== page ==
There's also the "We want beer" chant that erupted a few times and a stadium-wide a cappella rendition of "Build Me Up Buttercup," but fans took it to another level with their choreography and unity. After scoring plays -- or just when it felt right -- students started the wave, which could start and stop on a dime. It sped up, slowed down and even traveled backward.
"The team was so bad [in the '80s] that the only thing we had was the party," said Adam Erickson, who has been coming to Wisconsin games for 20 years. "And then the team became good, then great, and the thing that continued was the party."
And like any good party, it has an epic finale.
Despite a comfortable lead over an overmatched Indiana team, there's a sense of anxiety in the air in the minutes between the third and fourth quarter, as fans and players brace for a minute-and-a-half of mayhem.
The buildup is fierce, as raucous students fall into a trance while former Badgers quarterback Darrell Bevell leads into "Jump Around" with a video message on the scoreboard.
"'Jump Around' is Wisconsin," Savino said.
The playing of House of Pain's 1992 hip-hop, rock mix leading into fourth quarter has become one of college football's best traditions since 1998.
As soon as that first note hit, cheers erupted, and bedlam ensued, as the better part of 77,000-plus jumped up and down in unison, shaking Camp Randall's foundation.
"It's organized chaos, is what it is," former Wisconsin student Tyler Percy said. "End of the third quarter, you have to be there for it. It's fantastic."
By: Heather Dinich
EUGENE, Ore. -- The wealth oozing through Oregon's football facilities flows as freely as the waterfalls that accentuate the hot and cold pools in the spa-like training rooms.
Italian marble covers the floors of the locker room's 7-foot showers, the seats in the meeting rooms are made of genuine Ferrari leather, there is a hand-stitched rug from Nepal that weighs 500 pounds in the players' lounge, along with a pool table custom-made in Portland, and a one-of-a-kind foosball table made in Barcelona that has the Ducks playing the rest of the Pac-12. The floor in the weight room is indestructible Brazilian Ipe. Even the garbage cans are unique, as each one is engraved with the name of somebody who had a hand in constructing the palatial facility.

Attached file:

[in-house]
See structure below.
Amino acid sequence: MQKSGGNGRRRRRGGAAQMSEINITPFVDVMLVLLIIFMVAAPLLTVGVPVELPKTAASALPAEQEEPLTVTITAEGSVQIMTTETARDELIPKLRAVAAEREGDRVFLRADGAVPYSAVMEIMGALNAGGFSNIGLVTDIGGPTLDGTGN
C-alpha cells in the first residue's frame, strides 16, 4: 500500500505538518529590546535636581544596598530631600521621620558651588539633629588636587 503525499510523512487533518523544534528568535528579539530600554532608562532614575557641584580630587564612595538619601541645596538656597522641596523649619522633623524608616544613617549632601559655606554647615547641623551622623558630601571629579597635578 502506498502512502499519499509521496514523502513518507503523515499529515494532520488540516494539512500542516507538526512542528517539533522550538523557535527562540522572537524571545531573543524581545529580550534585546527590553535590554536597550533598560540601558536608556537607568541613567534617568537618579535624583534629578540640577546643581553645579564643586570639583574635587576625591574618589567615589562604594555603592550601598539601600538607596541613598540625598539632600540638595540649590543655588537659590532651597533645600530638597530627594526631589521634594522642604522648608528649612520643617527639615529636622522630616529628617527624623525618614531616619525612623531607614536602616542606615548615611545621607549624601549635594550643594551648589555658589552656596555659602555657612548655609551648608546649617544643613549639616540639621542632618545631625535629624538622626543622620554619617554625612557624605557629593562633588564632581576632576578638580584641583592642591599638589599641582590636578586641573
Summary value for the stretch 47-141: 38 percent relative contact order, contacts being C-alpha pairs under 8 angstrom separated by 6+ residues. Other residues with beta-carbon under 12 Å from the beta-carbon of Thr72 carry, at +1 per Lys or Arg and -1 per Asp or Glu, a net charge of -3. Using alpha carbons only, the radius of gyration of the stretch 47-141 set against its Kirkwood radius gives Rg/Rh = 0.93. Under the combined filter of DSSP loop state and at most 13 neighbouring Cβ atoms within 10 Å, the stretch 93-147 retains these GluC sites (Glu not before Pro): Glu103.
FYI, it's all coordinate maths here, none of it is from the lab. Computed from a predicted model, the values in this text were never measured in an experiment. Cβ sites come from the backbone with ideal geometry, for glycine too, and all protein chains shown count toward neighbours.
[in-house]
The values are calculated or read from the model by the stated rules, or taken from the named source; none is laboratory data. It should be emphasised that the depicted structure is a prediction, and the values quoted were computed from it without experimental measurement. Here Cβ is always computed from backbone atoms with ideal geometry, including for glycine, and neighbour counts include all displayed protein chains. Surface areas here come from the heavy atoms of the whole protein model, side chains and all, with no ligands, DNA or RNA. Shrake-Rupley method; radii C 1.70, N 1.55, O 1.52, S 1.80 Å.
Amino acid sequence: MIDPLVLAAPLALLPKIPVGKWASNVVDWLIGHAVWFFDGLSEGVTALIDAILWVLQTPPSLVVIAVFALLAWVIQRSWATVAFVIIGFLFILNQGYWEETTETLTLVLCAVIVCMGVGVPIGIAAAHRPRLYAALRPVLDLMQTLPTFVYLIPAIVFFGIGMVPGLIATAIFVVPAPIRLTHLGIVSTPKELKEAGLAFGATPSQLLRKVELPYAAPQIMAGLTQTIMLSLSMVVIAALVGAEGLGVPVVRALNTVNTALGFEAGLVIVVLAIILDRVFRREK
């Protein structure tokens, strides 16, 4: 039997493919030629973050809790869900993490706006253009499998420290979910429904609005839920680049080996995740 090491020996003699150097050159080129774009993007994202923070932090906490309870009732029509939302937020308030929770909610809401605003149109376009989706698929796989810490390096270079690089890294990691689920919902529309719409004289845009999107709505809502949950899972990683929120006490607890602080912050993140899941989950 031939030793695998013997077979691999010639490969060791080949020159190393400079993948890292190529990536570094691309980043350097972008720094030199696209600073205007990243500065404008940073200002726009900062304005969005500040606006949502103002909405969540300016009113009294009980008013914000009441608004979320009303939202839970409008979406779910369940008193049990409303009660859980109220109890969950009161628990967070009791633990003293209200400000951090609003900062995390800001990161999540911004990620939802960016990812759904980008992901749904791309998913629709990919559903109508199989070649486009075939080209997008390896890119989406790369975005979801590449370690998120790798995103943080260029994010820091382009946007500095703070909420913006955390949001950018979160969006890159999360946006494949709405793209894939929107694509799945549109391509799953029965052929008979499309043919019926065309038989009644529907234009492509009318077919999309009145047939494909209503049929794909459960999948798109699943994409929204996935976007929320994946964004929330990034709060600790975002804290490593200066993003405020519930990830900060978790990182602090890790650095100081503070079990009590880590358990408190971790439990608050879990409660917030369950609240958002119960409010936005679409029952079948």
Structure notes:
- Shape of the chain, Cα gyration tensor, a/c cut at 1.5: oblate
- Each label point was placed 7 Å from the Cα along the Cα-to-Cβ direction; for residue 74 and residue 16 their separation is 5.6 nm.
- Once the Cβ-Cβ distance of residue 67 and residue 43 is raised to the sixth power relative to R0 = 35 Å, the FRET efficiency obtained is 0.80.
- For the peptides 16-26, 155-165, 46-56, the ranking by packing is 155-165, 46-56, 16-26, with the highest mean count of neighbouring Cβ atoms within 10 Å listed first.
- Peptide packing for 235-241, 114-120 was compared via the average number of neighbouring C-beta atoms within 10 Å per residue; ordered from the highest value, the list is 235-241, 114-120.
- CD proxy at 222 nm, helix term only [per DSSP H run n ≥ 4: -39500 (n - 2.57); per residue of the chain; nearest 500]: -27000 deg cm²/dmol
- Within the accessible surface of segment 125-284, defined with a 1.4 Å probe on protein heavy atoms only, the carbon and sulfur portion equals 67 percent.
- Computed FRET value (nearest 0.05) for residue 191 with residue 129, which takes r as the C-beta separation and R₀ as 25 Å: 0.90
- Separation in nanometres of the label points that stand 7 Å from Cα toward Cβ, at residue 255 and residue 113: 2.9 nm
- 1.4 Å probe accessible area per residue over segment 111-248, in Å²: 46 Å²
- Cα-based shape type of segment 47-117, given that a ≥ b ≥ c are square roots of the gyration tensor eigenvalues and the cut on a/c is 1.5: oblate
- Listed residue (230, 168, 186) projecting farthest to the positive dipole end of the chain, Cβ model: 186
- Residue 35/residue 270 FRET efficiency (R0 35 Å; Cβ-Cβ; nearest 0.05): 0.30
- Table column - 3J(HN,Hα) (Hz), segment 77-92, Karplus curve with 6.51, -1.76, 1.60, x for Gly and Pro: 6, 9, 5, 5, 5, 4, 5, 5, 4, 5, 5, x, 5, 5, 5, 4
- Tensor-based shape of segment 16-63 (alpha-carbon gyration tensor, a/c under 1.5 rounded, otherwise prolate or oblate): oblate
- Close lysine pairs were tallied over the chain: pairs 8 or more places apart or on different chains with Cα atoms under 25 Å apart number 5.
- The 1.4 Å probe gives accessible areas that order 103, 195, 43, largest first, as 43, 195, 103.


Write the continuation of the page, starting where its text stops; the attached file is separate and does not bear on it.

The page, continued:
"You run out of adjectives for it," said senior associate athletic director Craig Pintens. "The building is special. It's going to stand the test of time because the materials we used are the best."
It all glistens on campus in stark contrast with the traditional folksy football feel of downtown Eugene. Oregon's brand has become national, as Phil Knight's fortune has single-handedly turned the program into one of the best and most innovative in the country. Both on and off the field, the Ducks have found ways to stay ahead of the game, whether it's their fast-paced offense, or stunning facilities and trendsetting uniforms. And yet through all of its growth, the program has somehow found a way to maintain its small-town charm. Oregon football is unique not only because of its traditions and its picturesque location in the Pacific Northwest, but because of the striking balance it has achieved between corporate and community.